Climate change

Standardize, analyze, monetize: Big Data and a carbon-free future

Read the full story at GreenBiz.

From historical weather records and future forecasts, to bushels and tons of each agricultural harvest, to phone books, to sports, to insurance actuaries and so on, people have been gathering, tracking and using data for centuries.

All that data is getting big. Really big. In 2012, the amount of data stored globally was greater than 2.5 zettabytes. (A zettabyte is 1.1 trillion gigabytes — a number with 21 zeros, or over three times the amount of all the grains of sand on all the beaches in the world).

Three converging trends have led to this rise of Big Data:

  • Granularity: we can collect finer and finer levels of detail than ever before
  • Speed: we can collect that data faster than ever before
  • Cost: we can rapidly collect that data more cheaply than ever before

This speeding avalanche of data — and all the information in it — can lead to great opportunities, especially in the areas we work in at RMI: electricity, buildings and transportation. The big questions are:

  • What value can we get from all that data?
  • What are the obstacles that prevent us from extracting that value?
  • How can we overcome those obstacles to lead us towards a carbon-free energy future?

5 top climate challenges for Capitol Hill — and how business can help

Read the full story at GreenBiz.

The politics of climate change are muddy, but businesses can play an important role in cleansing the conversation, according to former U.S. Treasury Secretary Robert Rubin in his keynote address Tuesday at the 2015 Climate Leadership Conference in Washington, D.C.

It’s up to business and government to work together to come up with climate change solutions and build a more sustainable and resilient future.

The Siberian crater saga is more widespread — and scarier — than anyone thought

Read the full story from the Washington Post.

In the middle of last summer came news of a bizarre occurrence no one could explain. Seemingly out of nowhere, a massive crater appeared in one of the planet’s most inhospitable lands. Early estimates said the crater, nestled in a land called “the ends of the Earth” where temperatures can sink far below zero, yawned nearly 100 feet in diameter.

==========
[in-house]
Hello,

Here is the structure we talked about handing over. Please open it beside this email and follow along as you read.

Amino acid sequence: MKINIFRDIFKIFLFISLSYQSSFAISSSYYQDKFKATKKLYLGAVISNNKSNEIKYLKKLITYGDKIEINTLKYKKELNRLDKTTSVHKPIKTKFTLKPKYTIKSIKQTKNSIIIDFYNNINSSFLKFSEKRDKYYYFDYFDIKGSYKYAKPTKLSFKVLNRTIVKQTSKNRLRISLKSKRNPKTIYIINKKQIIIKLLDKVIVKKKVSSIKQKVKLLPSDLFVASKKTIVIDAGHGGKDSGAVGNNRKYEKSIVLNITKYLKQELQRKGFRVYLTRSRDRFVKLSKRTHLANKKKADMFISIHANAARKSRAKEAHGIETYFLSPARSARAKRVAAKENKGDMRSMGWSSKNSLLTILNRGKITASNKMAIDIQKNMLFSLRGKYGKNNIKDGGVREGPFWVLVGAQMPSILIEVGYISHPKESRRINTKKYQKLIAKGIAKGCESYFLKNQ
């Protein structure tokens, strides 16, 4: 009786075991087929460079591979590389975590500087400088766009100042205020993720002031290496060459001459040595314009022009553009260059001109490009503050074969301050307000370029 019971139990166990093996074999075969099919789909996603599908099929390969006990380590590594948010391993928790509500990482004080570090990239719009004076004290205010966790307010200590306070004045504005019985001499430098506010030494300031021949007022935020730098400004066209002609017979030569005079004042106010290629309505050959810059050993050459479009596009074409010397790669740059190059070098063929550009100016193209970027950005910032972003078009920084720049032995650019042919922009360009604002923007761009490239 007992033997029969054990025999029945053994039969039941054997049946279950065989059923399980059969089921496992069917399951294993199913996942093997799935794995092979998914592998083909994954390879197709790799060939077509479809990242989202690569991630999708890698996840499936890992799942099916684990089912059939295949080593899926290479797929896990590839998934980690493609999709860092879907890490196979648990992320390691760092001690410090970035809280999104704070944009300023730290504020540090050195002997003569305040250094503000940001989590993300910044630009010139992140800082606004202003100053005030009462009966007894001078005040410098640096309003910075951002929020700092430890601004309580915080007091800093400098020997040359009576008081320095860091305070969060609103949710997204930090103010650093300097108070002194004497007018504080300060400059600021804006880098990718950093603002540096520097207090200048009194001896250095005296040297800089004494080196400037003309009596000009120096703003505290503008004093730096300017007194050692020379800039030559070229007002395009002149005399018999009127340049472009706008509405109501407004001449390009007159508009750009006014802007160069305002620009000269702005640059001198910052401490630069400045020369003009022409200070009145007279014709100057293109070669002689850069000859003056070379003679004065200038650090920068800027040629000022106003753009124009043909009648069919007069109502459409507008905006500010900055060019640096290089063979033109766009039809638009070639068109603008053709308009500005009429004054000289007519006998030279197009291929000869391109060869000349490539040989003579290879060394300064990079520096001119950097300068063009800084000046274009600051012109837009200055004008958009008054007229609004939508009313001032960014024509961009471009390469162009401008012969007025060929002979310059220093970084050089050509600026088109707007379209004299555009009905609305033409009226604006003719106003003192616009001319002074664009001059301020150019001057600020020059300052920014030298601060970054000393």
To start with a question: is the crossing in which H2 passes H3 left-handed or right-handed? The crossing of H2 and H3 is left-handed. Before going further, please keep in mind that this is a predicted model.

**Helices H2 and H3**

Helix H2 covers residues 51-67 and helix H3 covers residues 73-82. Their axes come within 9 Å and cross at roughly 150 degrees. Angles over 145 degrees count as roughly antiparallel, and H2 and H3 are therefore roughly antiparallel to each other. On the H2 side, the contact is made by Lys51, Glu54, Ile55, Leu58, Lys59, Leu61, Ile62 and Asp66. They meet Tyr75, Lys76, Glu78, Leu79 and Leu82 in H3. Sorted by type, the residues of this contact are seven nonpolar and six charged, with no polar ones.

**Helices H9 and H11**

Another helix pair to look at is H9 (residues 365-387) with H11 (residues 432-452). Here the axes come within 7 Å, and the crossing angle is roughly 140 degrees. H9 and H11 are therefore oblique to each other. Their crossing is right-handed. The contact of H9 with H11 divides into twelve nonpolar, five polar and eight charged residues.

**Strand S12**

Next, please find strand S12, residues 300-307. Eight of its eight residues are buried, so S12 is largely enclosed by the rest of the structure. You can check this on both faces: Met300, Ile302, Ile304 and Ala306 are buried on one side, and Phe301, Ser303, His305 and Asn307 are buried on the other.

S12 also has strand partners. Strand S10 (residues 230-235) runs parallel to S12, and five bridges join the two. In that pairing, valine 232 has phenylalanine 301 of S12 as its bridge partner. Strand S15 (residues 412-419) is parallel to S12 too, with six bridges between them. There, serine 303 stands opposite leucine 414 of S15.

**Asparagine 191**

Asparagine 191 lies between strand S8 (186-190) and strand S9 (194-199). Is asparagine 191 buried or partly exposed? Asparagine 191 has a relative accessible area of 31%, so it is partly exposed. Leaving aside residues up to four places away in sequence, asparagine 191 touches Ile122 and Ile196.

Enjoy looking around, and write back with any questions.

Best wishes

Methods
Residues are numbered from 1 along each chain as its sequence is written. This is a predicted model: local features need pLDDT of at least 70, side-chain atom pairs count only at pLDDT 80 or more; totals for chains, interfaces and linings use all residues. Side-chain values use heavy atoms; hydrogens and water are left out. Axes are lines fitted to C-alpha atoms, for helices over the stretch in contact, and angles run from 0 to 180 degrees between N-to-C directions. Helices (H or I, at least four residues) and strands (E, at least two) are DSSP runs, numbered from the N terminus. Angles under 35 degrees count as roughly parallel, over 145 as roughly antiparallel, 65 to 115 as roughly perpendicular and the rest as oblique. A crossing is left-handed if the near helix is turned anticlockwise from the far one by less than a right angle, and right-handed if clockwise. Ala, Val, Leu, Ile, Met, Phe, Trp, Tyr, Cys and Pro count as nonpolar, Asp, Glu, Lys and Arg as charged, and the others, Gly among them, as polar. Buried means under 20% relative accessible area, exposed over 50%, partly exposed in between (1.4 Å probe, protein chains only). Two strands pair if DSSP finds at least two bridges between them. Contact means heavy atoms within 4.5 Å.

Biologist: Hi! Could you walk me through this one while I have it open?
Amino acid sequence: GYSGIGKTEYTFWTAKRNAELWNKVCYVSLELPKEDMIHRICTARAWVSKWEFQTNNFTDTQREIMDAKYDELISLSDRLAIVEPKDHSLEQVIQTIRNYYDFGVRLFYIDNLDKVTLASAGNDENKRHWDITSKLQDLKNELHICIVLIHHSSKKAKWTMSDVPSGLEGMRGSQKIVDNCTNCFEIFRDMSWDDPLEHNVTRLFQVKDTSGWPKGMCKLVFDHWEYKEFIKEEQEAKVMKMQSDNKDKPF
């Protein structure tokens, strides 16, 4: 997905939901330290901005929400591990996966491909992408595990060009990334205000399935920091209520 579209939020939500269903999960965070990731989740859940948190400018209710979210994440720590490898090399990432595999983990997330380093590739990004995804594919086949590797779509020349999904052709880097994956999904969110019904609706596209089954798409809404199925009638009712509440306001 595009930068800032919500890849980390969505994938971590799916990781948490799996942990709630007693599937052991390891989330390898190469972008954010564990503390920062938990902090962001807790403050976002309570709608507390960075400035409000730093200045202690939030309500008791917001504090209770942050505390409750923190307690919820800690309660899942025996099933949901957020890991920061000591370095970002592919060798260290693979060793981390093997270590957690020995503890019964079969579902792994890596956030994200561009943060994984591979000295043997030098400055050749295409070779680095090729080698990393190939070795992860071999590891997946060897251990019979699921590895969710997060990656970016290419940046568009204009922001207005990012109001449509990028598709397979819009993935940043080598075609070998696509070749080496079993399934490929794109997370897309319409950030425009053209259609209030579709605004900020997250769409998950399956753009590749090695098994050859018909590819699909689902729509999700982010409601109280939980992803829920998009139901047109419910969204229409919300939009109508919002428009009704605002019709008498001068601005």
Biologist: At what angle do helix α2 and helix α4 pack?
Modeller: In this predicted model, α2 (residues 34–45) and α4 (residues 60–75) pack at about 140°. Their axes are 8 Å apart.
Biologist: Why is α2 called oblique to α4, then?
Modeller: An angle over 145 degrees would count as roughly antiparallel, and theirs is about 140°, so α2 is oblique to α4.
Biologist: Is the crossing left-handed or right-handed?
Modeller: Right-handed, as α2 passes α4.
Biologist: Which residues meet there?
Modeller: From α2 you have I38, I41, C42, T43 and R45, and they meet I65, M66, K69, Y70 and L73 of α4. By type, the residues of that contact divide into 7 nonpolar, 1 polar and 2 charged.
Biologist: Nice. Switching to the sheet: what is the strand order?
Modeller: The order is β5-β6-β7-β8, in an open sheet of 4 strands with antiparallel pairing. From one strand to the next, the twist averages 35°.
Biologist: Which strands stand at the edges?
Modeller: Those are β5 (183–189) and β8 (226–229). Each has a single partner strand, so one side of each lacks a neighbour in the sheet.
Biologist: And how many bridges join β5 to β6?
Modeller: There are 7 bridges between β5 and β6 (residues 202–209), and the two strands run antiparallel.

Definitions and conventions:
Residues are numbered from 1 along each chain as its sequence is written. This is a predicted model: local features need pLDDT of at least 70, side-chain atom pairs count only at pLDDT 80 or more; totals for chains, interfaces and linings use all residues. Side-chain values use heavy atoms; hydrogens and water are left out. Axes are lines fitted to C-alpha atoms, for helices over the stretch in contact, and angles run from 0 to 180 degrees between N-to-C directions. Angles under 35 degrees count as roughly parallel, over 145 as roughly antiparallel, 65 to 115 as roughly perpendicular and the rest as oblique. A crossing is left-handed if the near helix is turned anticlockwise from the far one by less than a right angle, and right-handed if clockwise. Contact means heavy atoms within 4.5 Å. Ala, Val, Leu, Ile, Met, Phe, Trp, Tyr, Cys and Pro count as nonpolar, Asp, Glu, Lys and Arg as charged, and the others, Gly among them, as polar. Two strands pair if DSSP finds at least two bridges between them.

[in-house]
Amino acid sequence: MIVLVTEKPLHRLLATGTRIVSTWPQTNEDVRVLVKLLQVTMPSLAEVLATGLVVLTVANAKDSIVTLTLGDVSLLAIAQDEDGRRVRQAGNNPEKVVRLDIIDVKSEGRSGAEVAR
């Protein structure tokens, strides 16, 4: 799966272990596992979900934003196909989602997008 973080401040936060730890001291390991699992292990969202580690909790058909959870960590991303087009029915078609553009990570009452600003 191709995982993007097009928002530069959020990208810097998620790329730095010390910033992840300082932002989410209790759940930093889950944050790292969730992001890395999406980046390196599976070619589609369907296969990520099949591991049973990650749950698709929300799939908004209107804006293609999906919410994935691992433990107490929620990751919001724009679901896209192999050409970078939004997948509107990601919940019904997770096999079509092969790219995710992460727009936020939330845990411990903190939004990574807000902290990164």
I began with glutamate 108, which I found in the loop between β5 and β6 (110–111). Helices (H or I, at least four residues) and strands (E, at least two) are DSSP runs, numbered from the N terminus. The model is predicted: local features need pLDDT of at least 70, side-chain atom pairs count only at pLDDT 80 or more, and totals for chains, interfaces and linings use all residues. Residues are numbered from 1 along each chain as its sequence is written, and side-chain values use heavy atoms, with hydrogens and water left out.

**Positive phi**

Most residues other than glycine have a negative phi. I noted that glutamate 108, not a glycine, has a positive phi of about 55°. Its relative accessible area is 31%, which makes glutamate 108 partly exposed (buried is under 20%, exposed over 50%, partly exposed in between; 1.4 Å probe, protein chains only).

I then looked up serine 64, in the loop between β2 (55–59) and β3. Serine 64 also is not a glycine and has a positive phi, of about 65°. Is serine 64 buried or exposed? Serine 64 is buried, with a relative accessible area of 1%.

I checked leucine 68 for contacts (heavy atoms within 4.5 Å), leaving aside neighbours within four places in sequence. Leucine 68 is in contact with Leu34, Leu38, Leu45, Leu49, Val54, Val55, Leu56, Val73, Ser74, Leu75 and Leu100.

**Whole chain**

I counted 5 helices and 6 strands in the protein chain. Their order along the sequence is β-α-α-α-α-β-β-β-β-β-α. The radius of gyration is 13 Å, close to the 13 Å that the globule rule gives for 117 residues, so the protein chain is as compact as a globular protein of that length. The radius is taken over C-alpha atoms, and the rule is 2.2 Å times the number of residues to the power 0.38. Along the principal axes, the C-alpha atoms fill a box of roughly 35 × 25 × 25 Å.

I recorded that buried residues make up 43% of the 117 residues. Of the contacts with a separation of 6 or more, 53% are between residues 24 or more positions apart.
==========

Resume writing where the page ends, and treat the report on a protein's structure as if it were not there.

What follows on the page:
The saga deepened. The Siberian crater wasn’t alone. There were two more, ratcheting up the tension in a drama that hit its climax as a probable explanation surfaced. Global warming had thawed the permafrost, which had caused methane trapped inside the icy ground to explode. “Gas pressure increased until it was high enough to push away the overlaying layers in a powerful injection, forming the crater,” one German scientist said at the time.

Now, however, researchers fear there are more craters than anyone knew — and the repercussions could be huge. Russian scientists have now spotted a total of seven craters, five of which are in the Yamal Peninsula. Two of those holes have since turned into lakes. And one giant crater is rimmed by a ring of at least 20 mini-craters, the Siberian Times reported. Dozens more Siberian craters are likely still out there, said Moscow scientist Vasily Bogoyavlensky of the Oil and Gas Research Institute, calling for an “urgent” investigation.

Study unearths impacts of our growing carbon emissions — and it’s not pretty

Read the full story at Mashable.